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    Many catastrophic wildfires burned throughout forests in Arizona during the spring and summer of 1996 owing to severely dry conditions. One result of these fires was a loss of preexisting tree cavities for reproduction. In ponderosa pine (Pinus ponderosa) forests most cavities are found in dead trees; therefore, snags are a very important habitat component for cavity-nesting species. Thls study focused on the impacts of wildfire on bird populations within 3 ponderosa pine forests throughout northern Arizona. We present preliminary results from the first bird breeding season following the fires.

    We randomly established points throughout areas that represented 3 burn severities: severely burned, moderately burned, and unburned. We conducted fixed-radius point counts and nest searches throughout the breeding season. Secondary cavity-nesters as a group did not show significant differences in relative abundance among 3 categories of fire severity. When analyzed at the species level, however, the wildfires did affect the relative abundance of 2 secondary cavity-nesting species, western bluebirds and mountain chickadees. We found no secondary cavity-nests in severely burned areas, most likely due to the lack of cavities after the fire.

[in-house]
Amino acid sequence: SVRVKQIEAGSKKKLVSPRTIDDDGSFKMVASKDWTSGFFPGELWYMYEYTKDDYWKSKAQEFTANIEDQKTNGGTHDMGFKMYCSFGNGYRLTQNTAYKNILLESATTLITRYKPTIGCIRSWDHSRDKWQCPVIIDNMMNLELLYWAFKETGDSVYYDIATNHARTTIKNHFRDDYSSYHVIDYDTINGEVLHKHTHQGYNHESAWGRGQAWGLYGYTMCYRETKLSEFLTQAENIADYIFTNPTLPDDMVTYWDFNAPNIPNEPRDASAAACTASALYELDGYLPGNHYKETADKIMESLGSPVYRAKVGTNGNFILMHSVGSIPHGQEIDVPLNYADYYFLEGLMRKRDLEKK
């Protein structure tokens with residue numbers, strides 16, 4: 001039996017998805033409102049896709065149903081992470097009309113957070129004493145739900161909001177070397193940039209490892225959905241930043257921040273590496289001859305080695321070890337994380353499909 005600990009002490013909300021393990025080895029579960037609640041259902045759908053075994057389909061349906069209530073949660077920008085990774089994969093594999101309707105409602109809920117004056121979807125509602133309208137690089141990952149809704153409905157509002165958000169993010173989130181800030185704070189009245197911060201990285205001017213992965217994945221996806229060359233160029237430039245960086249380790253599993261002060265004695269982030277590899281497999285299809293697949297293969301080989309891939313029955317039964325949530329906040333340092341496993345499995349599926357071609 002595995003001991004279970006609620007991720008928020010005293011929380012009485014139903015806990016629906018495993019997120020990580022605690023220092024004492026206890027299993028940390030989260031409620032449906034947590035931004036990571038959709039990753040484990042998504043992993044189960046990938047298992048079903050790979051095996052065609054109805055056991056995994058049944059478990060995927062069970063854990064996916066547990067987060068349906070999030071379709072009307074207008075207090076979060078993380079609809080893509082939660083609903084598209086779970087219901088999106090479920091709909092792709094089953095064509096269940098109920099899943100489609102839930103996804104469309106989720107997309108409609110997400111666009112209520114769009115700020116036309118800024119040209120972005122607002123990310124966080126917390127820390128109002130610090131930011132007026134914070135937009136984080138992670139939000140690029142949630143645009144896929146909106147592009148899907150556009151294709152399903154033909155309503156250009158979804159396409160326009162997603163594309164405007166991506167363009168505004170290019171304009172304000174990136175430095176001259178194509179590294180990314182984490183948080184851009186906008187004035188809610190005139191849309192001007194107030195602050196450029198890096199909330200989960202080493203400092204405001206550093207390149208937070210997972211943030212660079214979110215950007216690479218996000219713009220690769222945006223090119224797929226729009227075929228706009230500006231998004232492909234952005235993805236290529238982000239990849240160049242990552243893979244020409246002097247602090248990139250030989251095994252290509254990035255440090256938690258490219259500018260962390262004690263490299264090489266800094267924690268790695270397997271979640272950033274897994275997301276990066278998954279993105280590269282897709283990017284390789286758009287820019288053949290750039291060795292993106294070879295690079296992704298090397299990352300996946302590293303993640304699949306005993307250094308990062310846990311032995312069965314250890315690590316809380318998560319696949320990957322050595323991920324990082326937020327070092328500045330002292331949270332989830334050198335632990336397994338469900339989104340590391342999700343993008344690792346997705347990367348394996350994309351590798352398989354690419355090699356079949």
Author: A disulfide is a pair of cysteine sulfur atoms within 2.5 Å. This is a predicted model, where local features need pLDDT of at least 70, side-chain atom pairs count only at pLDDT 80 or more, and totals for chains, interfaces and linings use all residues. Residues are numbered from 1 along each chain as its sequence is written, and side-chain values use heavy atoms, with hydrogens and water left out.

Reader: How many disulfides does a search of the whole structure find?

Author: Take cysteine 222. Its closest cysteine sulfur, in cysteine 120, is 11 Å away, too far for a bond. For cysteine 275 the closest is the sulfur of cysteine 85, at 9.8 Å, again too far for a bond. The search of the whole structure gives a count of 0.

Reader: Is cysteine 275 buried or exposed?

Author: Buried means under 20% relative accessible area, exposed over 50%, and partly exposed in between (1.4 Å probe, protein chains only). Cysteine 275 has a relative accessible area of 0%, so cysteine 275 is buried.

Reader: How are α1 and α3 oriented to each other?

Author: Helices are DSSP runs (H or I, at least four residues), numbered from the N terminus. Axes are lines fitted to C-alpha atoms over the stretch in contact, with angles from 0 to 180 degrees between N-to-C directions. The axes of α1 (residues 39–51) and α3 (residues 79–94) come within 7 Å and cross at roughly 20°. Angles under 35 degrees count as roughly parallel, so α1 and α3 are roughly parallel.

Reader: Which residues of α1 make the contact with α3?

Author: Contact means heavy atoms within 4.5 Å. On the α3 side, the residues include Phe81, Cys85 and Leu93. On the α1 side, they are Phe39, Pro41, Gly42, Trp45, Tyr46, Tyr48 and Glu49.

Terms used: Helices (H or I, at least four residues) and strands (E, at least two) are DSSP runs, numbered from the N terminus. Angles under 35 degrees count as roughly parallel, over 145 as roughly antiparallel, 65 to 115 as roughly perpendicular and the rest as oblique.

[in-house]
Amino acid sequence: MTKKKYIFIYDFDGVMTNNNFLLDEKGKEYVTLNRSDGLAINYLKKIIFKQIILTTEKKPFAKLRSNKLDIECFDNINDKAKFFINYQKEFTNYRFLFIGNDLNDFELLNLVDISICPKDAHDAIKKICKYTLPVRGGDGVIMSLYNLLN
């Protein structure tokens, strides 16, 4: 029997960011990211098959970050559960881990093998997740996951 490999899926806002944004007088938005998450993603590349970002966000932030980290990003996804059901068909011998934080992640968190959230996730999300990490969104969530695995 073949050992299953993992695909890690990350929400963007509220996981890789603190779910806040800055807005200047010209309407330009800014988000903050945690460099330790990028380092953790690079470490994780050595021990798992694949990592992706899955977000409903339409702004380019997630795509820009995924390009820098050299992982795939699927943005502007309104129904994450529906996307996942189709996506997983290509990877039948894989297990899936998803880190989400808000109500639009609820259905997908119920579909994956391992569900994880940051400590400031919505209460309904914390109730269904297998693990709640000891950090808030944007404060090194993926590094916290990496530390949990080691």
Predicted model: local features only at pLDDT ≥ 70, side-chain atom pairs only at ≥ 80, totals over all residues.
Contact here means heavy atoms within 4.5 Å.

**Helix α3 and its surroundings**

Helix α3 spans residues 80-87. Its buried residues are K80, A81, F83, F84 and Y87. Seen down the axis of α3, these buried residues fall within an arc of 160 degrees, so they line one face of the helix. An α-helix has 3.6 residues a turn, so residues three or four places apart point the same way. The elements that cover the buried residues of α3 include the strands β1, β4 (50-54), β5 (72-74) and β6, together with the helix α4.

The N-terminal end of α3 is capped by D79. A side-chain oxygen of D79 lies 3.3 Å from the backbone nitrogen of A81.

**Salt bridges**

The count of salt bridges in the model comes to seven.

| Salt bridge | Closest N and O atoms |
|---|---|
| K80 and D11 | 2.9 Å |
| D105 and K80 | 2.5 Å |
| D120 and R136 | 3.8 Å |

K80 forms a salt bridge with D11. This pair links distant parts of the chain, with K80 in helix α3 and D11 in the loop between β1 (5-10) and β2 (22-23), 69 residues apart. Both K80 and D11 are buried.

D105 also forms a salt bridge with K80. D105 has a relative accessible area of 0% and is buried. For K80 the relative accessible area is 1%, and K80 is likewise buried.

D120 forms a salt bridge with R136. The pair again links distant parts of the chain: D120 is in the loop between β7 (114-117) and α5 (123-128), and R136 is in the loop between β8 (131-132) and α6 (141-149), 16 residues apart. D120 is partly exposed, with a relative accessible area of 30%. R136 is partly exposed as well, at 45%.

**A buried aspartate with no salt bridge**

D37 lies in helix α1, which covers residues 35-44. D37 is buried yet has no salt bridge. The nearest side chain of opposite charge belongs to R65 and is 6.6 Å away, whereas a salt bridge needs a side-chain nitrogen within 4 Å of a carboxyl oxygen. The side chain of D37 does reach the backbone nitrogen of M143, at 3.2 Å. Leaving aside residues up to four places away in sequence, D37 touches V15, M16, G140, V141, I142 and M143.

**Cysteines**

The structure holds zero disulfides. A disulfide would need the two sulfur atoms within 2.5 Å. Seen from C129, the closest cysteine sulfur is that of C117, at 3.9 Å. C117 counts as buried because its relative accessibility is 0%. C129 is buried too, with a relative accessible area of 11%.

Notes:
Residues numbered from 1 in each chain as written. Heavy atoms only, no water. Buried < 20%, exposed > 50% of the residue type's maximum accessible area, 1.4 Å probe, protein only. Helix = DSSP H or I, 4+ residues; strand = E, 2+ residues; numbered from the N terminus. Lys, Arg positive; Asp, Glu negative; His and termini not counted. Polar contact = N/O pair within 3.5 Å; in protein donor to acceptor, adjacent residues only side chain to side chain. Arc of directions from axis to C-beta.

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    Dwyer, Jill K.; Block, William M. 2000. Effects of wildfire on densities of secondary cavity-nesting birds in ponderosa pine forests of northern Arizona. In: Moser, W. Keith; Moser, Cynthia E., eds. Fire and forest ecology: innovative silviculture and vegetation management. Tall Timbers Fire Ecology Conference Proceedings, No. 21. Tallahassee, FL: Tall Timbers Research Station: 151-156


    Arizona, fire severity, ponderosa pine, secondary cavity-nesters, snags, wildfire

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